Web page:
The following emanates from having experienced a walk of forty four plus four years through the halls of public education.
It is the nature of many who occupy positions in the walled towers of government and the ivory towers of intelligentsia to claim for themselves the mantel of superior problem solvers for all other people. Well meaning as some may be, their approaches ofttimes create more problems than they solve. As it is viewed here, the school choice/voucher idea runs a great risk of falling into that category.
These are a few of the problems that must be resolved, either before or after the passage of such federal legislation. State plans of the same nature face most of the same issues, but that could be the topic of a slightly more specific discussion. Of a certainty, anyone of a mature and open mind would not feign alarm if the responses to most of the questions happened to arouse a vigorous exercise of the litigious nature of today’s society.
Foremost, is it even within the enumerated powers of the federal government to directly provide taxpayer funds to selected individuals?
Will any student in any school be eligible for the choice and voucher?
If not, what will be the criteria for individual student qualification?
What if the receiving schools reach maximum enrollment, and there are still other students who qualify?
What if there are no receiving schools within reasonable accessibility?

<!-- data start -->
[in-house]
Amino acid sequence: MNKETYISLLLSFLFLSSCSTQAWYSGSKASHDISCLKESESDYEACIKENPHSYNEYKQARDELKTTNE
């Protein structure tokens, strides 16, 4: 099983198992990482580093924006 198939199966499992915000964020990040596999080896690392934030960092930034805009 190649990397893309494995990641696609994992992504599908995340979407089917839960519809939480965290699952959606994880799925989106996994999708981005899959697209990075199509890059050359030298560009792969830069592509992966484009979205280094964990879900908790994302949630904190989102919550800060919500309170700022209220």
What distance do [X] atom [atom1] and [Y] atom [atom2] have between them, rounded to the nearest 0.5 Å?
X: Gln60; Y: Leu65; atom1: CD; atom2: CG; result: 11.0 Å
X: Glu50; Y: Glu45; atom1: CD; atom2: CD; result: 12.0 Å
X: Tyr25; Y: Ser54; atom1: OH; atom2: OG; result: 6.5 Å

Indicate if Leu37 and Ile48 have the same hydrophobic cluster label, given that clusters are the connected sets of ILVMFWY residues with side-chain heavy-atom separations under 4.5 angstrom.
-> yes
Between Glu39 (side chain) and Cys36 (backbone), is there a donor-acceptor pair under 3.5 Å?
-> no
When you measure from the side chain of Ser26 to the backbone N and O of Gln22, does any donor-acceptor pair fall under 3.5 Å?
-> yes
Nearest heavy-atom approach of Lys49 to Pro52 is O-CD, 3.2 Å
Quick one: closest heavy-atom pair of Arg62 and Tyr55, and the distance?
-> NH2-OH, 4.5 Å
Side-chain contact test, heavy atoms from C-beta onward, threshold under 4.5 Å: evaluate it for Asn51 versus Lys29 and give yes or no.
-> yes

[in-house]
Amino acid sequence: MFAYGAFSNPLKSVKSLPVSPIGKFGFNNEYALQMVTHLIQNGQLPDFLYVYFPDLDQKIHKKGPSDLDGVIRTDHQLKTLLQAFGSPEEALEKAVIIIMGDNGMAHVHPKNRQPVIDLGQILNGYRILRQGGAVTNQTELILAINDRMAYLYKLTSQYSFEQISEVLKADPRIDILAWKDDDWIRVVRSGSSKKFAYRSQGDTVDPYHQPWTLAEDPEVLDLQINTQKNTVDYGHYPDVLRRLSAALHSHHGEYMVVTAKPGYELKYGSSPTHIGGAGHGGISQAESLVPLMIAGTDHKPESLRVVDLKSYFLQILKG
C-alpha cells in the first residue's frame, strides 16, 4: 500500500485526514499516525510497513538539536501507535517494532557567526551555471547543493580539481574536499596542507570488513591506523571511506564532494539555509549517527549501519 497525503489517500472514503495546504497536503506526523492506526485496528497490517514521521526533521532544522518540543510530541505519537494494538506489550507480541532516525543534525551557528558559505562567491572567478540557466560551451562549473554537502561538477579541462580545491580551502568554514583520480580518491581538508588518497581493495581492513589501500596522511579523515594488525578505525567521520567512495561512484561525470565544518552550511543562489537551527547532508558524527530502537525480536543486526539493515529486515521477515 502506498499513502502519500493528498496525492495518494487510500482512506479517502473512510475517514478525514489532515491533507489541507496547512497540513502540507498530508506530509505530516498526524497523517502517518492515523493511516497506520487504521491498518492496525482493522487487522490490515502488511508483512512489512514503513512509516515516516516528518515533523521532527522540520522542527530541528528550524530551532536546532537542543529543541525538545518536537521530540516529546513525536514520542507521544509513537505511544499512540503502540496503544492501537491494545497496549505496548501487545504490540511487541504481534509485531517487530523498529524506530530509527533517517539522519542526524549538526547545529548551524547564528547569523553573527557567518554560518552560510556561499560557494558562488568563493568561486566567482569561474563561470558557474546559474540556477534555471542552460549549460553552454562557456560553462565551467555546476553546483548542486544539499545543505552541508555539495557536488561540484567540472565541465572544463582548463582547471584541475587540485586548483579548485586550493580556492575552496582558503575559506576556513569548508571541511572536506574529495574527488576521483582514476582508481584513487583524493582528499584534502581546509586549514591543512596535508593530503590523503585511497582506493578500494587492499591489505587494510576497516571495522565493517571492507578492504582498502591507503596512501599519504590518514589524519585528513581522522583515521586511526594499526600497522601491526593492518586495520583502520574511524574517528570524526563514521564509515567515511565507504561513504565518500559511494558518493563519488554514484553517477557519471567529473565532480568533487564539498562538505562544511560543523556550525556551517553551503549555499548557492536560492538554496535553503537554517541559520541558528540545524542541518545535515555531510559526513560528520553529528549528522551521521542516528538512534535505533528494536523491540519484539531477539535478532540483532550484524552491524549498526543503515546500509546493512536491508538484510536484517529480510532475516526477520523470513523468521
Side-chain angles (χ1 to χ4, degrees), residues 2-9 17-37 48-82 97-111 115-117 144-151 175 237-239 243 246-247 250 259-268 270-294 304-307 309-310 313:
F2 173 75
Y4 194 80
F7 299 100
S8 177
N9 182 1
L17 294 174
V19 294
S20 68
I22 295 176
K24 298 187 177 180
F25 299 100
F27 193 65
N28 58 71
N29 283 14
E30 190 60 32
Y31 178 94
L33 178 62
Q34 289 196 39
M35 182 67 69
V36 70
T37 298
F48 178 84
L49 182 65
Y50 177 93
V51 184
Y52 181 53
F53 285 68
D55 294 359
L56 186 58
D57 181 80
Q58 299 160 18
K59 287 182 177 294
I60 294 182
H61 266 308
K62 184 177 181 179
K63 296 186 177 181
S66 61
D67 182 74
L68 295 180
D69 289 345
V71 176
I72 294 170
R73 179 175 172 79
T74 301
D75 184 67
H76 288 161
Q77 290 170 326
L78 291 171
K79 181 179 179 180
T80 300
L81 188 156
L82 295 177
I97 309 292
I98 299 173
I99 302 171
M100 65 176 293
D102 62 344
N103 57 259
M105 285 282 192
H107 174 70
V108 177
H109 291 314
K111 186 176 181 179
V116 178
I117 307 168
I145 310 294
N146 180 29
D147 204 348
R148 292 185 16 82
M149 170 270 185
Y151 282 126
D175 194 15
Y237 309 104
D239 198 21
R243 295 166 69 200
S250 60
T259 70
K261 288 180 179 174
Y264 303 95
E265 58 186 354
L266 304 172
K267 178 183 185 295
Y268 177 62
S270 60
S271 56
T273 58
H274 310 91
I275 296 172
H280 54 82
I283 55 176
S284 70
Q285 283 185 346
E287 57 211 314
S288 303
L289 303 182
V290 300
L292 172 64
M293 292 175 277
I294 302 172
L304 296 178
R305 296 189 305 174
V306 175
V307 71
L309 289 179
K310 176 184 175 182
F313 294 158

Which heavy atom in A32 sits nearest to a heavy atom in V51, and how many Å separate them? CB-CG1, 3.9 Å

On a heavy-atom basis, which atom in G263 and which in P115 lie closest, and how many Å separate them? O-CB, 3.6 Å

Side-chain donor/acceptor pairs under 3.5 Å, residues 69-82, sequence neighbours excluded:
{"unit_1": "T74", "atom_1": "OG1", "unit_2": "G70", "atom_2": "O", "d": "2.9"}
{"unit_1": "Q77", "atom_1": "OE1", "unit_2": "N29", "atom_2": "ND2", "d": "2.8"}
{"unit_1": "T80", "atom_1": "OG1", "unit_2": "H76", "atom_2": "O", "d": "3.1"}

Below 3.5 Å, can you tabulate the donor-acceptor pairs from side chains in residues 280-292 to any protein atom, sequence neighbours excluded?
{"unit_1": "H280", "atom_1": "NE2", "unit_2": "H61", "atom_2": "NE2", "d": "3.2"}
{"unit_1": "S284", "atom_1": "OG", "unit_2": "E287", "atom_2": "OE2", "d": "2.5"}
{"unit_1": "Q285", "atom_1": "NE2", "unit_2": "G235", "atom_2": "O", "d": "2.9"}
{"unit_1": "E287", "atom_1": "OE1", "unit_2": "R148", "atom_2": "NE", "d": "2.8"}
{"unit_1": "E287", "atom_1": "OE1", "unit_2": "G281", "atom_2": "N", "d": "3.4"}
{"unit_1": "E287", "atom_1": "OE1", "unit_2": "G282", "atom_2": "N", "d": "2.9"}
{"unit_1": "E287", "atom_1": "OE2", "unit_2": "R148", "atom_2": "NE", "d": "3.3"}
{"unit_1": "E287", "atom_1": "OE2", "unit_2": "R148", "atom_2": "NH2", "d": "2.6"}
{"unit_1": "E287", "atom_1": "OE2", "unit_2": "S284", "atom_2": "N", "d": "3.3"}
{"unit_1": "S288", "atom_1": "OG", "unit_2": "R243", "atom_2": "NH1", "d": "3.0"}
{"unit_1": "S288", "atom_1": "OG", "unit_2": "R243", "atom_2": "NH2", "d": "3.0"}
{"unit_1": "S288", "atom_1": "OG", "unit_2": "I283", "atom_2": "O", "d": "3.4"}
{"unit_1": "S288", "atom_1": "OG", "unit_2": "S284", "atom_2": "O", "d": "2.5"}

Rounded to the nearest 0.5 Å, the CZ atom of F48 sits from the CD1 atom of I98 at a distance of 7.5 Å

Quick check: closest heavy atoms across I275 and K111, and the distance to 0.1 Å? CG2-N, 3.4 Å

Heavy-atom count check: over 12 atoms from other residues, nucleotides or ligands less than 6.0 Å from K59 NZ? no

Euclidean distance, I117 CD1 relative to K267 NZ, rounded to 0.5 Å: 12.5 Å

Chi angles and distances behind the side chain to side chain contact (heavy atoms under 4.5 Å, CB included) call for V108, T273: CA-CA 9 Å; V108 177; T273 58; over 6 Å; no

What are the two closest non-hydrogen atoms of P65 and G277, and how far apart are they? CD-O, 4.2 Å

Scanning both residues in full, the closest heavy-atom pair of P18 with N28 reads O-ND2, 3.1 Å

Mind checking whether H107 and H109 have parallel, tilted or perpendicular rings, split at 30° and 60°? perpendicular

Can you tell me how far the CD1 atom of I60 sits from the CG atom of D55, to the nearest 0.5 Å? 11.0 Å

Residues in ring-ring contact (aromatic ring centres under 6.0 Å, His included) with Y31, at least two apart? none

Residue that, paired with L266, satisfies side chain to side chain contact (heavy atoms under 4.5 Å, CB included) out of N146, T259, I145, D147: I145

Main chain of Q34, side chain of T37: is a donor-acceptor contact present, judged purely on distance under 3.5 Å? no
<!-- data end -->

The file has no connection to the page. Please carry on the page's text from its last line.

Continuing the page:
Will the plan be applicable and practicable only in urban areas?
If that is the resolution, where is the equal protection under the law?
Will receiving public schools be responsible for equal rights of transportation?
If students have established records of disruptive behavior, must receiving schools be compelled to enroll them?
Will receiving schools be permitted to dismiss incorrigible students?
Considerations specific to private school enrollment:
What if the amount of the voucher is insufficient to cover tuition?
- If some can provide the remainder and others cannot, will the law be discriminatory?
- If the law provides increased payments for the less fortunate, who decides who is less fortunate?
- And where will that line be drawn?
- If the private school does not furnish transportation, who will furnish it for the less fortunate?… And if it is not furnished, how can those students avail themselves of the school choice?
Will private schools be allowed to:
Set standards of admission? Determine curriculum? Display religious symbols? Engage in daily prayer? Require classes in religious doctrine? Teach biblical moral standards?
Will private schools be held accountable for dropouts?
Will private school students be required to master federally mandated tests? If not, how can there be “accountability”?
Overall, if voucher students regress or show scant improvement:
Can the law and expense be justified?
Will the receiving school then suffer some degree of condemnation?
And, most heavily, will the final results justify the enormous cost of another large and probably “perpetual” bureaucracy?